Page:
Application Development in C - Static Libraries

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Bhatnagar Achindra

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May 27, 2005, 3:56:08 AM5/27/05
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Static Libraries

Executable binaries get functions from static libraries directly into
the executable binary image when the executable is generated through
linking.

Static Libraries are simply collections of object files arranged by an
archieving utility - ar. ar collects all object files into one archieve
file and adds a table that tells which object file in the archieve
define what sysmbols.

The linker, ld, then binds references to a symbol in one object file to
the definitions of that symbol file in the archieve.

Static libraries uses the suffix '.a'.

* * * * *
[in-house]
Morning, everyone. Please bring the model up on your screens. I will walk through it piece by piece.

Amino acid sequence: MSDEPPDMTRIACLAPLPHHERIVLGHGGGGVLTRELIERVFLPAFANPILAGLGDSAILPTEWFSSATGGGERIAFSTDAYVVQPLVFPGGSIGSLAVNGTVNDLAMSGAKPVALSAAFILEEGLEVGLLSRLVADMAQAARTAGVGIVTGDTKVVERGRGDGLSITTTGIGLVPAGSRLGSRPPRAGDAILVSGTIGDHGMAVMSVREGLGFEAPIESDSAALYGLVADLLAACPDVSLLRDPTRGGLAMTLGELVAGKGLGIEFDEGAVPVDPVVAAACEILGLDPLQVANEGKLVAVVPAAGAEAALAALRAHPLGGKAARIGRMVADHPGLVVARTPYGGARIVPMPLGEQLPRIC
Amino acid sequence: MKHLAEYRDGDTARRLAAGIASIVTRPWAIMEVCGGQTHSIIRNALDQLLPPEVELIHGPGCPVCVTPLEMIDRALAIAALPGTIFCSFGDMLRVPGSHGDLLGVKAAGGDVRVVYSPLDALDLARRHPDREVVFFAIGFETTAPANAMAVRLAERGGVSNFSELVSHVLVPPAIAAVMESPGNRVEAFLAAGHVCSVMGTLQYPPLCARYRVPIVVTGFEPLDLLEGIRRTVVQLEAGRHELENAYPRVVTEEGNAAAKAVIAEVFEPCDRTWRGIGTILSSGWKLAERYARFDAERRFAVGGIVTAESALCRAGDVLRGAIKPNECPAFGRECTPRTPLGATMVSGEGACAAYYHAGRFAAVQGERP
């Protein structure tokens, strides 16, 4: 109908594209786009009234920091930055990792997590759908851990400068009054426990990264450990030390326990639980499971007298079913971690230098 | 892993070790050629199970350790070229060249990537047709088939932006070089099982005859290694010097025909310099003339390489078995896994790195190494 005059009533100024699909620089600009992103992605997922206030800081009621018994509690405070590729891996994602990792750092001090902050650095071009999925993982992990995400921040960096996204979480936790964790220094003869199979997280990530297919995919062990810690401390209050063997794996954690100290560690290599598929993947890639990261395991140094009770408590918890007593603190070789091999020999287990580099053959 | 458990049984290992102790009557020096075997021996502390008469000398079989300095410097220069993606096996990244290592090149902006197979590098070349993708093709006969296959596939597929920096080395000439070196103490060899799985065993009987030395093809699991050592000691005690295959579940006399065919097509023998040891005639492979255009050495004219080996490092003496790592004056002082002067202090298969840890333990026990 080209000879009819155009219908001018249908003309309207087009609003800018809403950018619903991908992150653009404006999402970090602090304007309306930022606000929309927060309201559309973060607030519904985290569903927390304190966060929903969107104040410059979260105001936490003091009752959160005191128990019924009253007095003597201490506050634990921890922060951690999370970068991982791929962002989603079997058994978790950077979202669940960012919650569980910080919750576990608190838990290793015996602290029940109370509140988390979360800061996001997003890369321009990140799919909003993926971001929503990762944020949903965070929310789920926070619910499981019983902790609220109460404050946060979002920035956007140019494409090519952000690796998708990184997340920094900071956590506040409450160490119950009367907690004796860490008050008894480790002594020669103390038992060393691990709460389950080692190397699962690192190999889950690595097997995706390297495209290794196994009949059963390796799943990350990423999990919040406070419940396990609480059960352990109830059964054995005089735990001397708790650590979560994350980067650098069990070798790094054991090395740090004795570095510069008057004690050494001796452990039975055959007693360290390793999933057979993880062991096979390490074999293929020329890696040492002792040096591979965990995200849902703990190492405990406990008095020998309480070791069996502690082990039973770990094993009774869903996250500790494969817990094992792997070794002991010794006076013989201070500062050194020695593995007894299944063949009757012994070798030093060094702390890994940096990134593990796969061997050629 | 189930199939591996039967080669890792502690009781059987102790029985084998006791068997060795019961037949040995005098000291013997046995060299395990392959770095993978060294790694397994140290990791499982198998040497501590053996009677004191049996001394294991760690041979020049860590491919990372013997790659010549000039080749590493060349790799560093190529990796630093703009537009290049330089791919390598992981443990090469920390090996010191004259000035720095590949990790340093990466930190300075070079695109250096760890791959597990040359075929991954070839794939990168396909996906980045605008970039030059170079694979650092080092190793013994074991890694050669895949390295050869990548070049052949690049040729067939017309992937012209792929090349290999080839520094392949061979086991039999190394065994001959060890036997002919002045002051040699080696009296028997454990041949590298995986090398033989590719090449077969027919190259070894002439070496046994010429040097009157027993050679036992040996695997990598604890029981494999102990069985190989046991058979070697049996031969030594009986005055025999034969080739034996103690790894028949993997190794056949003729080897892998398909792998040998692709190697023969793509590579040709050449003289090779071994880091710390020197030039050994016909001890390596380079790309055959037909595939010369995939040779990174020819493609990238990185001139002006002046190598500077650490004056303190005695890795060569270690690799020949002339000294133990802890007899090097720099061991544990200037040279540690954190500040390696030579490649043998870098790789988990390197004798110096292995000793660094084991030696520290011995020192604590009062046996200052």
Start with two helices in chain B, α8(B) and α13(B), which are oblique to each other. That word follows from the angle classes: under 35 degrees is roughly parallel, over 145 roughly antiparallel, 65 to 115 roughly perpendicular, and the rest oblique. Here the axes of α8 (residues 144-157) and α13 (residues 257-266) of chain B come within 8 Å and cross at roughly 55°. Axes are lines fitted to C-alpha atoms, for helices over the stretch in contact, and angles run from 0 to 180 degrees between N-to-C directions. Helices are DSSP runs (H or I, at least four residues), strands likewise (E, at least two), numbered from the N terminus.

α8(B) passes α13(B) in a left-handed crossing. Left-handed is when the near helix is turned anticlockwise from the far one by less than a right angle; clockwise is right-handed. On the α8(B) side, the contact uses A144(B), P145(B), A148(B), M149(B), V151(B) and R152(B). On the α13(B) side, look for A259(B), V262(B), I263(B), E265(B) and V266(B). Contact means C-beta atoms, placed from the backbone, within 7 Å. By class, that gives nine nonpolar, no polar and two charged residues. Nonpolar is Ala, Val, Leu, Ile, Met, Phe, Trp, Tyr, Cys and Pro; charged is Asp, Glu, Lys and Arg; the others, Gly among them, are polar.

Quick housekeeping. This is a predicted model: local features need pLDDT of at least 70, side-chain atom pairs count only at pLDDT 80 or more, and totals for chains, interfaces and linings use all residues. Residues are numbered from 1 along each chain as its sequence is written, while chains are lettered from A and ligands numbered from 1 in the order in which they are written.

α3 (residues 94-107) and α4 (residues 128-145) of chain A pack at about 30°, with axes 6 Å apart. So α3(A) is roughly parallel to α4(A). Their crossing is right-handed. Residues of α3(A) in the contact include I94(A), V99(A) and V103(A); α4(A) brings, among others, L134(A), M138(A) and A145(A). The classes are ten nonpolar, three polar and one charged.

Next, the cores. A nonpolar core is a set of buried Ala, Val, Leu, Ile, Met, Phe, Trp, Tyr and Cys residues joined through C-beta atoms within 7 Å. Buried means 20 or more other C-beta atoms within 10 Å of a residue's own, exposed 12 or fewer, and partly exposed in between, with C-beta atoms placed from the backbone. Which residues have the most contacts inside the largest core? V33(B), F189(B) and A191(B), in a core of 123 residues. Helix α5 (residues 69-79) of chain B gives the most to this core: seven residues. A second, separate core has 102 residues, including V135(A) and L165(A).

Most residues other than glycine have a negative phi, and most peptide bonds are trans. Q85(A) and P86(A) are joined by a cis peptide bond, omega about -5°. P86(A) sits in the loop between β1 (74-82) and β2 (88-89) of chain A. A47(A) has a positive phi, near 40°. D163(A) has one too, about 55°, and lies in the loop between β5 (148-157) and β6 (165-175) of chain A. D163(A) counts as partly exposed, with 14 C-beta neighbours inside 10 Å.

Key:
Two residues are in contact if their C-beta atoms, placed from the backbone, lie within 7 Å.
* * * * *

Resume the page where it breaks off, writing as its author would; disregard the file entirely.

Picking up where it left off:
To create a static library out of a few object files -

ar rcs libname.a file1.o file2.o file3.o ...

Object files can be added one by one as

ar rcs libhello.o file1.o
ar rcs libhello.o file2.o
ar rcs libhello.o file3.o

r - Include the object file to the archieve, replacing any object file
from the archieve with the same name.

c - silently create the library, if it doesnot exist.

s - maintain the table mapping symbol names to object names.


/* ***** hello.c *****/

#include <stdio.h>

void
hello (char *who)
{
printf ("Hello, %s!\n", who);
}

/* **** ****** *****/

$ gcc -c hello.c
$ ls
hello.c hello.o
$ ar cru libhello.a hello.o
$ ranlib libhello.a
$ ls
hello.c hello.o libhello.a

/* ***** main.c ******/

void hello ();

int main (int argc, char *argv[])
{
hello ("World");
exit (0);
}

/* ***** ****** ******/


To link a program against a library

$ gcc -o hello main.c libhello.a

$ ./hello
Hello World!
$ _

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